While expressing gratitude for the job offer, specify the reason(s) for turning down the job opportunity as the company deserves to know the same. It would be appreciative if you call the manager to explain everything or an e-mail/letter may also do the job, it is a key to a positive relationship with the employer(s). The final step, decide to make up your mind for any negotiations.

How to Decline a Job Interview with a Letter?

As discussed in the previous section, you can communicate your inability to accept the job offer over the call, which is preferred but you can even write a letter to the hiring manager. The letter was written must be written in a polite tone and finish on a positive note so that you may not lose any suitable opportunity in the future.

Sample Letter Declining a Job Offer (Text-Version)

Ted Smith, Personnel Director
Vital Aids Ltd.
35, Amphitheatre Parkway
Mountain View, CA 94043
United States
April 30, 2020

Dear Mr. Smith

I’d like to thank you for offering me the position of Media Consultant in your organization. After much consideration, I have reached the conclusion that I shall accept the offer from another company where at this point in my career the position I have been offered aligns more closely with my interests, potential, and continued success.

I sincerely appreciate that you took out your valuable time to take my interview and offer me this role. It was a pleasure meeting you and your team. I would like to stay in touch with you at LinkedIn to share social media practices.

Kind Regards
Dave Mason

Sample Letter Declining a Job Offer



Turning Down a Job Offer E-Mail Sample

Subject: Job Offer – Dave Mason

Dear Mr. Ted Smith

I thank you for offering me the position of Media Consultant in your organization. After careful consideration, I have reached a difficult conclusion of declining your offer as I have accepted another position in a company where my interests and potential will be a better match.

I enjoyed the dialog with you and your team and want to thank you for taking out your valuable time to conduct my interview process. I enjoyed the warmth of your staff and would like to keep in touch via LinkedIn to share social media best practices.

Best Regards
Dave Mason


All major scenarios for declining a job have been discussed, but it is very important to use your intuition and instincts to assess whether the decision taken will be fruitful or not. Try not to reject the job offers often as you may miss out on the powerful and positive stepping stones to your success journey. Explore the job opportunities offered to you and then make a balanced decision.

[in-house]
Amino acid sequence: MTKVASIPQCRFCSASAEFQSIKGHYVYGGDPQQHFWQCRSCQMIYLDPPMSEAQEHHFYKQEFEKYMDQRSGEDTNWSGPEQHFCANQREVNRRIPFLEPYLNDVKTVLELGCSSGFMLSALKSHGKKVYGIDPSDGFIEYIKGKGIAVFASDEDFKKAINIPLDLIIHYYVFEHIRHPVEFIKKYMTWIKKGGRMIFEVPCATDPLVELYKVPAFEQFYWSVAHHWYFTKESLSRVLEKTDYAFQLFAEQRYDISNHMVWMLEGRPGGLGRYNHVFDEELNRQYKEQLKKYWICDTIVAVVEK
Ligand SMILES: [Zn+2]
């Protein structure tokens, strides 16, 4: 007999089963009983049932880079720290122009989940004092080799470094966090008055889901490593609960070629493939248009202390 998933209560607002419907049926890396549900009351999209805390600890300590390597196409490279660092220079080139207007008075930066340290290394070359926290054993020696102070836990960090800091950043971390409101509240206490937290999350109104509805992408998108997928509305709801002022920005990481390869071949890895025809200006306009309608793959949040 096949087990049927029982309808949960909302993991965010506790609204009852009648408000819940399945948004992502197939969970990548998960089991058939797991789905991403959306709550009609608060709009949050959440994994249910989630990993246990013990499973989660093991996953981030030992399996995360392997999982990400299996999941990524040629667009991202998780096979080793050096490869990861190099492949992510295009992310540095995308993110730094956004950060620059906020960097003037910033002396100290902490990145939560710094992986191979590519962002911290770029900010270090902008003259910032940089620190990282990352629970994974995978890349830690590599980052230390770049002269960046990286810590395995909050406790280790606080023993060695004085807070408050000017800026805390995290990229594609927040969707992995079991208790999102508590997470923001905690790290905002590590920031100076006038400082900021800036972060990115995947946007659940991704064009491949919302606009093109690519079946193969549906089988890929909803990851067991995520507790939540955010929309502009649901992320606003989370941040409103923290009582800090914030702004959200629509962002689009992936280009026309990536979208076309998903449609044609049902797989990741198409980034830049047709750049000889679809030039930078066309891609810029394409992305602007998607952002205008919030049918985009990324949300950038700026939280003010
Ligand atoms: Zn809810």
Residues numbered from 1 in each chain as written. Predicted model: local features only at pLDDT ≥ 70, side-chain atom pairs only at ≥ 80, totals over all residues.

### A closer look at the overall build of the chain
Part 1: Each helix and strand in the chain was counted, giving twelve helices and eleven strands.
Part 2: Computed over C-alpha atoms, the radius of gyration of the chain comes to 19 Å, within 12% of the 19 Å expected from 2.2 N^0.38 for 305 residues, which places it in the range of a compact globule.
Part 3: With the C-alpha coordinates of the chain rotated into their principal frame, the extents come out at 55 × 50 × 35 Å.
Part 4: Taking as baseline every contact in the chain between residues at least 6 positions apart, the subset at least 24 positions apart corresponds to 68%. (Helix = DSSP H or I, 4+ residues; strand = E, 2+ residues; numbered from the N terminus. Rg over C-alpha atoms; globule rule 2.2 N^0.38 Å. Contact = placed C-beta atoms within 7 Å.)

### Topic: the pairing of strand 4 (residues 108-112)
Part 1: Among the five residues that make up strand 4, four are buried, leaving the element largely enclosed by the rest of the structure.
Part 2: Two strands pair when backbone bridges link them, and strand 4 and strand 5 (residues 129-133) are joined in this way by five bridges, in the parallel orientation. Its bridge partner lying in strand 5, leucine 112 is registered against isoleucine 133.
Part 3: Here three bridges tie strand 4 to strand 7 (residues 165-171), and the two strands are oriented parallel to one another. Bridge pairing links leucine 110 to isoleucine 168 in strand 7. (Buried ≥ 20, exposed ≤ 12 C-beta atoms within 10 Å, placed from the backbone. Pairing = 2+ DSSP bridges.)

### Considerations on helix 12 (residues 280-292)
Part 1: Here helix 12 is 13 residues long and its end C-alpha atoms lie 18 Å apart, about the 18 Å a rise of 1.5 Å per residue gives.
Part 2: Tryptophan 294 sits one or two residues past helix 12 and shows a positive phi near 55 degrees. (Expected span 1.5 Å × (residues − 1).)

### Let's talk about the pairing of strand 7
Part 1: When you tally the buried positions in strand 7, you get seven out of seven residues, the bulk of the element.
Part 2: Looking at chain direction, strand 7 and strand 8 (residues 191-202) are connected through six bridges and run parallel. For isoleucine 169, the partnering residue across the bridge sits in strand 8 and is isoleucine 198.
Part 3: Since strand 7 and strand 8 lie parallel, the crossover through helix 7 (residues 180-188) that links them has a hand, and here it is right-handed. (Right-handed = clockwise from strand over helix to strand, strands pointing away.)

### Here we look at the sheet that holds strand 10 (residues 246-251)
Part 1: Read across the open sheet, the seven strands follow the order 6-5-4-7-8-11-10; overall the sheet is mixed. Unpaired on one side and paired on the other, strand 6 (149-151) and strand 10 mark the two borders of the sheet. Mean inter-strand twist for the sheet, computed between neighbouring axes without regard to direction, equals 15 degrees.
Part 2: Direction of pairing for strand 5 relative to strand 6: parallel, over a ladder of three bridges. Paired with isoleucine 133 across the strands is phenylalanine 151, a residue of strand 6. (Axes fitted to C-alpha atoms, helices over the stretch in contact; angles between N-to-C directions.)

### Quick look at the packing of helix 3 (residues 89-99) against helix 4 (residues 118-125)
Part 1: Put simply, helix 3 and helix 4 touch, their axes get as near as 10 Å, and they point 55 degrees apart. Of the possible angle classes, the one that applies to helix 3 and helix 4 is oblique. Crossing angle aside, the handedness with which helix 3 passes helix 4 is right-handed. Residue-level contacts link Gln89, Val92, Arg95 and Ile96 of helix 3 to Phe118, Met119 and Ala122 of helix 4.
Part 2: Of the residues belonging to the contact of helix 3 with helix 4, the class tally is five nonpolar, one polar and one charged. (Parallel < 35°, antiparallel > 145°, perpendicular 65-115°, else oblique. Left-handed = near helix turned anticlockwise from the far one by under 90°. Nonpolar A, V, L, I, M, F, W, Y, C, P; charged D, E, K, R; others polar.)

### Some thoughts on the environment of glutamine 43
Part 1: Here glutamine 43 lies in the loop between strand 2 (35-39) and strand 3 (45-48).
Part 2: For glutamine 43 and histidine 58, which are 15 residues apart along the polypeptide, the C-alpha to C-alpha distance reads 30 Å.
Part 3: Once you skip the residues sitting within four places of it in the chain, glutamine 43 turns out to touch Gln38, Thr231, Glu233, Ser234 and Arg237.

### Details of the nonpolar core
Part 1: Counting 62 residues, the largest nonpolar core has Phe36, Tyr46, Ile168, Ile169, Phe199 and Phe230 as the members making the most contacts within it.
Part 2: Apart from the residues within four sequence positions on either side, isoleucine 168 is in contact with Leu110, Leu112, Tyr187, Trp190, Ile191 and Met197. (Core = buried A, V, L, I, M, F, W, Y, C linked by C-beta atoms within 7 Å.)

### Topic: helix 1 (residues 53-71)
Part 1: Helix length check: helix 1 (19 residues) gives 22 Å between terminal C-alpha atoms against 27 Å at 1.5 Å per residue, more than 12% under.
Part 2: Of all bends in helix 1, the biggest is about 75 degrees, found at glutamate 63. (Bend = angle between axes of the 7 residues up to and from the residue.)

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1). Is it OK to decline a job offer?
A. Why not, we work for the appreciation in our professional life. It is easier to write letters declining an offer you have just received than accepting the same you have previously declined. Just make sure you do not burn the bridges while you decline an offer, do inform the hiring manager.

2). What are three reasons you might decide to decline a job offer?

  • Salary: That is why we are working! If you are not appreciated with the salary you deserve, you can indubitably quit.
  • Relocation: Even though salary may seem to be a primary reason while deciding on offers, relocation still holds the prime importance as your life settlement extremely depends upon it.
  • Schedule: After location, the schedule is the next important aspect of accepting the offer. According to BlueCrew’s survey, 26% of candidates reject the job offers due to an unsuited schedule.

3). How do you know when to decline a job offer?

A. When a person reaches the stage of clarity and mustered the courage, he/she is ready to take a leap. Apart from the reasons stated above, there are three more which hold a considerable part in the job rejection pie chart:

  • Communication with the manager is unprofessional and a negative experience
  • The terms and conditions do not match the ones divulged while hiring
  • The position offered may not appreciate your career in the future

4). What to do if you get a job offer but are waiting for another job?

A. Juggling more than one job is not surprising, now it is you who has to decide whether you want to burn the bridges or not. You can tell your hiring manager that you are definitely interested in the position but you also want to consult with your family, this reason can buy you few days to wait for the offer you are interested in.